Trial by Fire
The Carbon Footprint of Barbecue
Who says science is no picnic? To assess the carbon footprint of barbecues, Eric Johnson rounded up eight volunteer grillers (including himself) and held the equivalent of 50 cookouts.
The researchers used both gas and charcoal grills and kept tabs on their fuel usage, the length of time they grilled, and the amount of food they cooked. Johnson, of Atlantic Consulting in Gattikon, Switzerland, then included those numbers into a life-cycle analysis of each grill type.
In the end, charcoal turned out to have a far-higher carbon footprint than gas. The researchers concluded that charcoal grilling sessions typically carry a footprint of 6.7 kilograms—roughly the same as driving a car 35 kilometers. Gas grilling, by contrast, produces just 2.3 kilograms of CO2 per session.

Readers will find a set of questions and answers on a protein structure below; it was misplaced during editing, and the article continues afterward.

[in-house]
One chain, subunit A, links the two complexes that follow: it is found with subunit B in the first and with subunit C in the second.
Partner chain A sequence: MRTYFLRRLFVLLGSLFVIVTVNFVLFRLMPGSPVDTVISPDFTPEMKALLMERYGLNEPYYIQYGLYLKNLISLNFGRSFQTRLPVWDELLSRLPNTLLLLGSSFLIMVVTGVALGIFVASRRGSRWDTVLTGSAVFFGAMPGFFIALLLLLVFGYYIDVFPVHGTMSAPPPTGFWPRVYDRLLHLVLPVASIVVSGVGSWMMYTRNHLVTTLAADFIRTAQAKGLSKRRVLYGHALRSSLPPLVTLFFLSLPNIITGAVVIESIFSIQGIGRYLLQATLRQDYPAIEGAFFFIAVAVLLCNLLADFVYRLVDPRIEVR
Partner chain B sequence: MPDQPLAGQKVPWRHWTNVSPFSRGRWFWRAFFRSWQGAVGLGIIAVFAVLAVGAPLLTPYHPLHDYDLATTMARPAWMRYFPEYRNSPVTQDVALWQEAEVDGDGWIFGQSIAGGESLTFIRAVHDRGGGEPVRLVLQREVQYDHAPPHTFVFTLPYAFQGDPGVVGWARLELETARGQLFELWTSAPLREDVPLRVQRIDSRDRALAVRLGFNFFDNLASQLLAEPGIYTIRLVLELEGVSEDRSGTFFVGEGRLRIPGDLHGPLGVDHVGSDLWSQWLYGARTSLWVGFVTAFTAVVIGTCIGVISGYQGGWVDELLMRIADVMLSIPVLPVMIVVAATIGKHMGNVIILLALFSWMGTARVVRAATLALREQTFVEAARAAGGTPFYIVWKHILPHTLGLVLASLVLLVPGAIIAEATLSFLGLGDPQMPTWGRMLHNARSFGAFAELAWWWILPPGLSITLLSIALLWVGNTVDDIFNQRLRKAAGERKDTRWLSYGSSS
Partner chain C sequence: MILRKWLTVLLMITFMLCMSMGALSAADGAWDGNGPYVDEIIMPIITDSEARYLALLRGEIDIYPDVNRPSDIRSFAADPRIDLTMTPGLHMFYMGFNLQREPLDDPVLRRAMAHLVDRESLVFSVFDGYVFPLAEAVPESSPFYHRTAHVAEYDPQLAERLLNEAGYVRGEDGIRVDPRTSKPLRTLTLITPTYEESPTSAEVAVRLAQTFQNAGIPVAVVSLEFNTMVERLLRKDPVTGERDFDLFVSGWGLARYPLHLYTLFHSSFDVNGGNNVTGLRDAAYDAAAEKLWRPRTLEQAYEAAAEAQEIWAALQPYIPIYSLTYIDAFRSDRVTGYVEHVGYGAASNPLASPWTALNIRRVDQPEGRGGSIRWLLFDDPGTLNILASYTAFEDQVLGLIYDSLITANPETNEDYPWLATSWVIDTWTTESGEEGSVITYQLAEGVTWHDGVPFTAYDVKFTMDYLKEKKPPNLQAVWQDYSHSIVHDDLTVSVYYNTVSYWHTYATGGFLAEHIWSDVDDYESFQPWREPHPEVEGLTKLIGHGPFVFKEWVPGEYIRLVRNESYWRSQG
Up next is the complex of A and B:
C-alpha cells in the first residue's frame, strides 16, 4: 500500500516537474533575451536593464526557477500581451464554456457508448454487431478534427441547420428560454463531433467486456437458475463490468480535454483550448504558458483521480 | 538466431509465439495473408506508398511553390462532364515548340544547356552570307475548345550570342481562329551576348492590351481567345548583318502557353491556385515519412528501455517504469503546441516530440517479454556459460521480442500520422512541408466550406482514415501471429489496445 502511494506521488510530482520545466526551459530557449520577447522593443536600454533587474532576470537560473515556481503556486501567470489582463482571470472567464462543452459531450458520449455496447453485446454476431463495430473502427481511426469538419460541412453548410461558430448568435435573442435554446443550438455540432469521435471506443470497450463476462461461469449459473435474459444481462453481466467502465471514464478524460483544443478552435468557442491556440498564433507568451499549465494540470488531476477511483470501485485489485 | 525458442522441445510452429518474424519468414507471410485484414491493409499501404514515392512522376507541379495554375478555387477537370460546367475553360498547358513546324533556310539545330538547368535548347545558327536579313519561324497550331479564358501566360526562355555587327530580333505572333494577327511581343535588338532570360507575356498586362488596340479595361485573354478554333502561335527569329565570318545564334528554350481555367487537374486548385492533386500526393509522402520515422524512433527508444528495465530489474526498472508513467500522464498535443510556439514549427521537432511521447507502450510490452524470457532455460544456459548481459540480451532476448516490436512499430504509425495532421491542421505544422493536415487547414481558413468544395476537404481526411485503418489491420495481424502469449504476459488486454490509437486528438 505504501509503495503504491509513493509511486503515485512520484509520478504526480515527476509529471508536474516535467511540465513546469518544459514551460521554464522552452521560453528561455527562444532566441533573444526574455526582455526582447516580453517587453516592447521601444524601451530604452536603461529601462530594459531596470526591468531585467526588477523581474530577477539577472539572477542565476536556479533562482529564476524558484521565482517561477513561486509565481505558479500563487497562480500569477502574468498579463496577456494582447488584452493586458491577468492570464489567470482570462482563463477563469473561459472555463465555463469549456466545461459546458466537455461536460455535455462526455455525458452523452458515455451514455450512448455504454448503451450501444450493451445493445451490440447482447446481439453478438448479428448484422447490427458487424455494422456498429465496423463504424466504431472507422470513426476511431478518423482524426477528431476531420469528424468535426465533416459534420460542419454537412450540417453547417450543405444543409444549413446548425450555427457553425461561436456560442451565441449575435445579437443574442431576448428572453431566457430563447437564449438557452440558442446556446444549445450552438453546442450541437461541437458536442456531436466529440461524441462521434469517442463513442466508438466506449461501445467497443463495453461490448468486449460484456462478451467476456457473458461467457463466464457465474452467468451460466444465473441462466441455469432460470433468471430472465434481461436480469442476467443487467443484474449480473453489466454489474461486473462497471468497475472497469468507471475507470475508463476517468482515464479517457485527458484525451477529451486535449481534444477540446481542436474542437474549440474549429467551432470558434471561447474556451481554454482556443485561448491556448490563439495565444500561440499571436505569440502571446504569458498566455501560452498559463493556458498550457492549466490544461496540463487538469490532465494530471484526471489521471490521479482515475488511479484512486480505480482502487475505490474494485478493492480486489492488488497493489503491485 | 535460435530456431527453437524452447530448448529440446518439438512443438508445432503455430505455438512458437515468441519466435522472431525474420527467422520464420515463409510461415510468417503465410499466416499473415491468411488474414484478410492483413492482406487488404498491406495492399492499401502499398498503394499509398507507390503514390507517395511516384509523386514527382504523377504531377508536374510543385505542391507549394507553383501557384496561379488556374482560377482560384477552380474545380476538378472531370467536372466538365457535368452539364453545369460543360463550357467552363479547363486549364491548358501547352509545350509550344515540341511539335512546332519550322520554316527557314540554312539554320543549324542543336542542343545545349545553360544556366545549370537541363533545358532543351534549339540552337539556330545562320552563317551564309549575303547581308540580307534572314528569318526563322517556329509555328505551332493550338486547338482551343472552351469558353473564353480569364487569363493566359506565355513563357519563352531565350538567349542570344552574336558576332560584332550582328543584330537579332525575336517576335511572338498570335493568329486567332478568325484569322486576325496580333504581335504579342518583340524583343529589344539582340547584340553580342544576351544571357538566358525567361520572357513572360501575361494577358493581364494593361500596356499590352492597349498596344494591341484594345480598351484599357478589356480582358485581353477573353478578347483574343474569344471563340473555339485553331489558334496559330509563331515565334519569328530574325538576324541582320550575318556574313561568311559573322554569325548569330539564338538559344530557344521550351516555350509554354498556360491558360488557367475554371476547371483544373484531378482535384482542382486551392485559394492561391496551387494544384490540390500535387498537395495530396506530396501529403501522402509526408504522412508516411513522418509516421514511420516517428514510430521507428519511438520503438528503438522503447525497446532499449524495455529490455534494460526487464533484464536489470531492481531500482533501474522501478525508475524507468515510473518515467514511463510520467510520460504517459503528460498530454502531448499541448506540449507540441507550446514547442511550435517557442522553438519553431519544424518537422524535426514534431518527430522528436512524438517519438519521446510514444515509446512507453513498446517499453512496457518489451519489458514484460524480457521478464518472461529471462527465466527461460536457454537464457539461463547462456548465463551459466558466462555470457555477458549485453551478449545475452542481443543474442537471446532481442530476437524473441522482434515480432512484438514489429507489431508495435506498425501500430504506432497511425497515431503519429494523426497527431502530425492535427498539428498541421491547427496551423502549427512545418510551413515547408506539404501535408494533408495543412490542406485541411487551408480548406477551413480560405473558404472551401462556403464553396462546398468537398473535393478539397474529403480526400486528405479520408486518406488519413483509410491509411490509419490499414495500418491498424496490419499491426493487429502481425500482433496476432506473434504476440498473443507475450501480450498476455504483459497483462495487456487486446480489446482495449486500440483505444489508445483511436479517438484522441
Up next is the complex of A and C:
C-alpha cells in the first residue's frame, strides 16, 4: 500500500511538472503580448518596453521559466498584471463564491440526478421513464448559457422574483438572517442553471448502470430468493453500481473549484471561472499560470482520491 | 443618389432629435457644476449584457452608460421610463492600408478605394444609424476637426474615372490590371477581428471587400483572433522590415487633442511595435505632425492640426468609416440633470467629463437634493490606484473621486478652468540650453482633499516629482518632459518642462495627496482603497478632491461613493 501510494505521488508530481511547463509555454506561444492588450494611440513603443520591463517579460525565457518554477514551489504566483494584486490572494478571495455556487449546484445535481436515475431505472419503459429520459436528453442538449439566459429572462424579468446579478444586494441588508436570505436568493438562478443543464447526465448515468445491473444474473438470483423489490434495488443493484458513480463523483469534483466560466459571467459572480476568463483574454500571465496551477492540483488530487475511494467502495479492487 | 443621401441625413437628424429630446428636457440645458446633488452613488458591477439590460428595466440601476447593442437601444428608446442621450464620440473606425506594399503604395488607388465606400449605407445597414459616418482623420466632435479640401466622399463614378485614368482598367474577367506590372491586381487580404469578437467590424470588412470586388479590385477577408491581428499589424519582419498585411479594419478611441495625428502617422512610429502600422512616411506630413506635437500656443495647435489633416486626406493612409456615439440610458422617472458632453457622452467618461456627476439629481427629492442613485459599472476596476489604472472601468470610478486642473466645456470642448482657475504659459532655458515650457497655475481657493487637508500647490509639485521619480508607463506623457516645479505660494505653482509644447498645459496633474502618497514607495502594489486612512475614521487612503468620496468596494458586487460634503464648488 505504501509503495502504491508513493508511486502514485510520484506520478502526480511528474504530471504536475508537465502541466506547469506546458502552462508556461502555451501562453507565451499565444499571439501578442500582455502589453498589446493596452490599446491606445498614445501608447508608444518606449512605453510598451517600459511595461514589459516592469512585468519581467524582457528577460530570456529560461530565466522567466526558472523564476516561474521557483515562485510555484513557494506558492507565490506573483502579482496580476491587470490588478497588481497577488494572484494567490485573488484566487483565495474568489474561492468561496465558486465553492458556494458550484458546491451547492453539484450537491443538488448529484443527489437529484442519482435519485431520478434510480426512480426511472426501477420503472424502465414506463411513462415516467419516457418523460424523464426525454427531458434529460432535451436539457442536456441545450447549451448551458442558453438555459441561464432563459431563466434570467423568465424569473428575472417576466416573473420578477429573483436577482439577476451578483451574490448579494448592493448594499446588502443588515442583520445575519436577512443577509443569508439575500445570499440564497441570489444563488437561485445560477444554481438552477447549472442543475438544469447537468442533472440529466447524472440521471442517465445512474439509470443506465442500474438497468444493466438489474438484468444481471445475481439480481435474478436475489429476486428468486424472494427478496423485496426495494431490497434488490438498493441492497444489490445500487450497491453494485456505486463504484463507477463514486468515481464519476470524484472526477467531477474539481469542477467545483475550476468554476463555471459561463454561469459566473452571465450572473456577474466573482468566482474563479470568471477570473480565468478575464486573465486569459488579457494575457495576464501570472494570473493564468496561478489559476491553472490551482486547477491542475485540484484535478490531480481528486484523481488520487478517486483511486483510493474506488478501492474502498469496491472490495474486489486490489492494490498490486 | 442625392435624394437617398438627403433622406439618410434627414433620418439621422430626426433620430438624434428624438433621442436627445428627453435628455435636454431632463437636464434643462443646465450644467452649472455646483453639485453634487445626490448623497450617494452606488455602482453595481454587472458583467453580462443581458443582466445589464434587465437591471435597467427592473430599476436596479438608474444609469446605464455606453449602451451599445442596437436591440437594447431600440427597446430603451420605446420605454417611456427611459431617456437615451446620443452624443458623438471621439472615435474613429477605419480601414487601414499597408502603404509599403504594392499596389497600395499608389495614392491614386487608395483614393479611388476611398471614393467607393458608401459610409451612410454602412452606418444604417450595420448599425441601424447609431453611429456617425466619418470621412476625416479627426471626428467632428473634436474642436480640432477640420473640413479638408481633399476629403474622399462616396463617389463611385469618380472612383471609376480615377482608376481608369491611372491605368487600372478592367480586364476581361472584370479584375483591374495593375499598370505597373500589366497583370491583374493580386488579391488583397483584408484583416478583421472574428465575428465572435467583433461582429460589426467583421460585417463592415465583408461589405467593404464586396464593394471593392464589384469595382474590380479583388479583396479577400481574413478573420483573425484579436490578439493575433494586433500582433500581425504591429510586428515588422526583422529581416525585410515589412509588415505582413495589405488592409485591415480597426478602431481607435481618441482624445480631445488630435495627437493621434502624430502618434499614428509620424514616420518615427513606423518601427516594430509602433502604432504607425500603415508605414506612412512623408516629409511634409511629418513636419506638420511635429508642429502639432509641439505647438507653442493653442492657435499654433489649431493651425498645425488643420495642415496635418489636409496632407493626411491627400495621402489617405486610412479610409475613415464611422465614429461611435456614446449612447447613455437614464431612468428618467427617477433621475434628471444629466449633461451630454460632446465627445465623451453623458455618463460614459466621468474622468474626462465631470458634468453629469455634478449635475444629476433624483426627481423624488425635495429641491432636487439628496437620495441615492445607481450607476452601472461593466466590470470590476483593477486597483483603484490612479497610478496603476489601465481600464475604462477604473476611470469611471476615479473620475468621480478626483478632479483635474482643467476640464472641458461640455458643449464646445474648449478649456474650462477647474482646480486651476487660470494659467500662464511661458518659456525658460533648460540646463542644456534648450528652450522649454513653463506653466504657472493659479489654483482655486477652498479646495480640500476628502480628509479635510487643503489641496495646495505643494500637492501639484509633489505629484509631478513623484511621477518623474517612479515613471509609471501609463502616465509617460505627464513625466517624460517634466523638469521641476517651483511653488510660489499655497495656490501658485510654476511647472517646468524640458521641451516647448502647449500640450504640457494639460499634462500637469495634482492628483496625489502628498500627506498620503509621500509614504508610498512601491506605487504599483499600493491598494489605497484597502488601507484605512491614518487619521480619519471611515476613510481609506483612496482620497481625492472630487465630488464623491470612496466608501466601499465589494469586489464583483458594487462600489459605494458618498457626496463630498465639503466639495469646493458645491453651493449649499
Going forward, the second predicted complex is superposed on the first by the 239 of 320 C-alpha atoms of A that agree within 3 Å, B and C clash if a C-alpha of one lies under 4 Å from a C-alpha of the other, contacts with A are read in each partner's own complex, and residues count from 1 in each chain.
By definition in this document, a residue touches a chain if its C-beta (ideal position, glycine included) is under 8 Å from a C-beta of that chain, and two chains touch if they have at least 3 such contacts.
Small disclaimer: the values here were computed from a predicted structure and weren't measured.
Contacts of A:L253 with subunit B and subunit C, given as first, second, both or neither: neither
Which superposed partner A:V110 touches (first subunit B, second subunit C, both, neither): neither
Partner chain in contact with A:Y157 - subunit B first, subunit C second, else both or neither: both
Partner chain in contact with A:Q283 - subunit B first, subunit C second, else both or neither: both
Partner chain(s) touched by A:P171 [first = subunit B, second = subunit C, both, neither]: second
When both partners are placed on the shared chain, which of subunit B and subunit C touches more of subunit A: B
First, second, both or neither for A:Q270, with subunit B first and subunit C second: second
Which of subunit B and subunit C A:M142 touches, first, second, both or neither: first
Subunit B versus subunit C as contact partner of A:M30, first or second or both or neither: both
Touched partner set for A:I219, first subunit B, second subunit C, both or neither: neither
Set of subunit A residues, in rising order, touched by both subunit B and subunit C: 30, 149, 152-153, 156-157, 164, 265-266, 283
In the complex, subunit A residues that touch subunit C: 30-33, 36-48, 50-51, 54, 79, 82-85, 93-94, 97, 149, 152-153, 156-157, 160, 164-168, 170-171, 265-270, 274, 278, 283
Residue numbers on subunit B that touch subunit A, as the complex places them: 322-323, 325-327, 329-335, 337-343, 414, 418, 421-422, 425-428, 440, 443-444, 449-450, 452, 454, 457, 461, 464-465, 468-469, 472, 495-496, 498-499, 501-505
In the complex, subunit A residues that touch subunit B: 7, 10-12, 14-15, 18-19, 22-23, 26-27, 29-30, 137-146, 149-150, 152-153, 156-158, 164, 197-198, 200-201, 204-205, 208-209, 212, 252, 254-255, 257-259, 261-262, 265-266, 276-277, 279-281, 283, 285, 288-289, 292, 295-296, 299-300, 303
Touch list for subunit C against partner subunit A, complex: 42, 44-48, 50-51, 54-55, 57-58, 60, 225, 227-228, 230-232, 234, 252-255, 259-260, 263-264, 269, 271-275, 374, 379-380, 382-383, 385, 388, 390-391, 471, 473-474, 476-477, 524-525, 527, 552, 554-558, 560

One key reason for the disparity: producing charcoal is a carbon-intensive proposition that involves harvesting wood and heating it to 300 to 500 degrees Celsius. Also, charcoal grillers typically use the same amount of fuel, no matter what they’re cooking, while it’s easier to vary the fuel output of gas grills. ❧
Johnson, E. 2009. Charcoal versus LPG grilling: A carbon-footprint comparison. Environmental Impact Assessment Review DOI:10.1016/j.eiar.2009.02.004.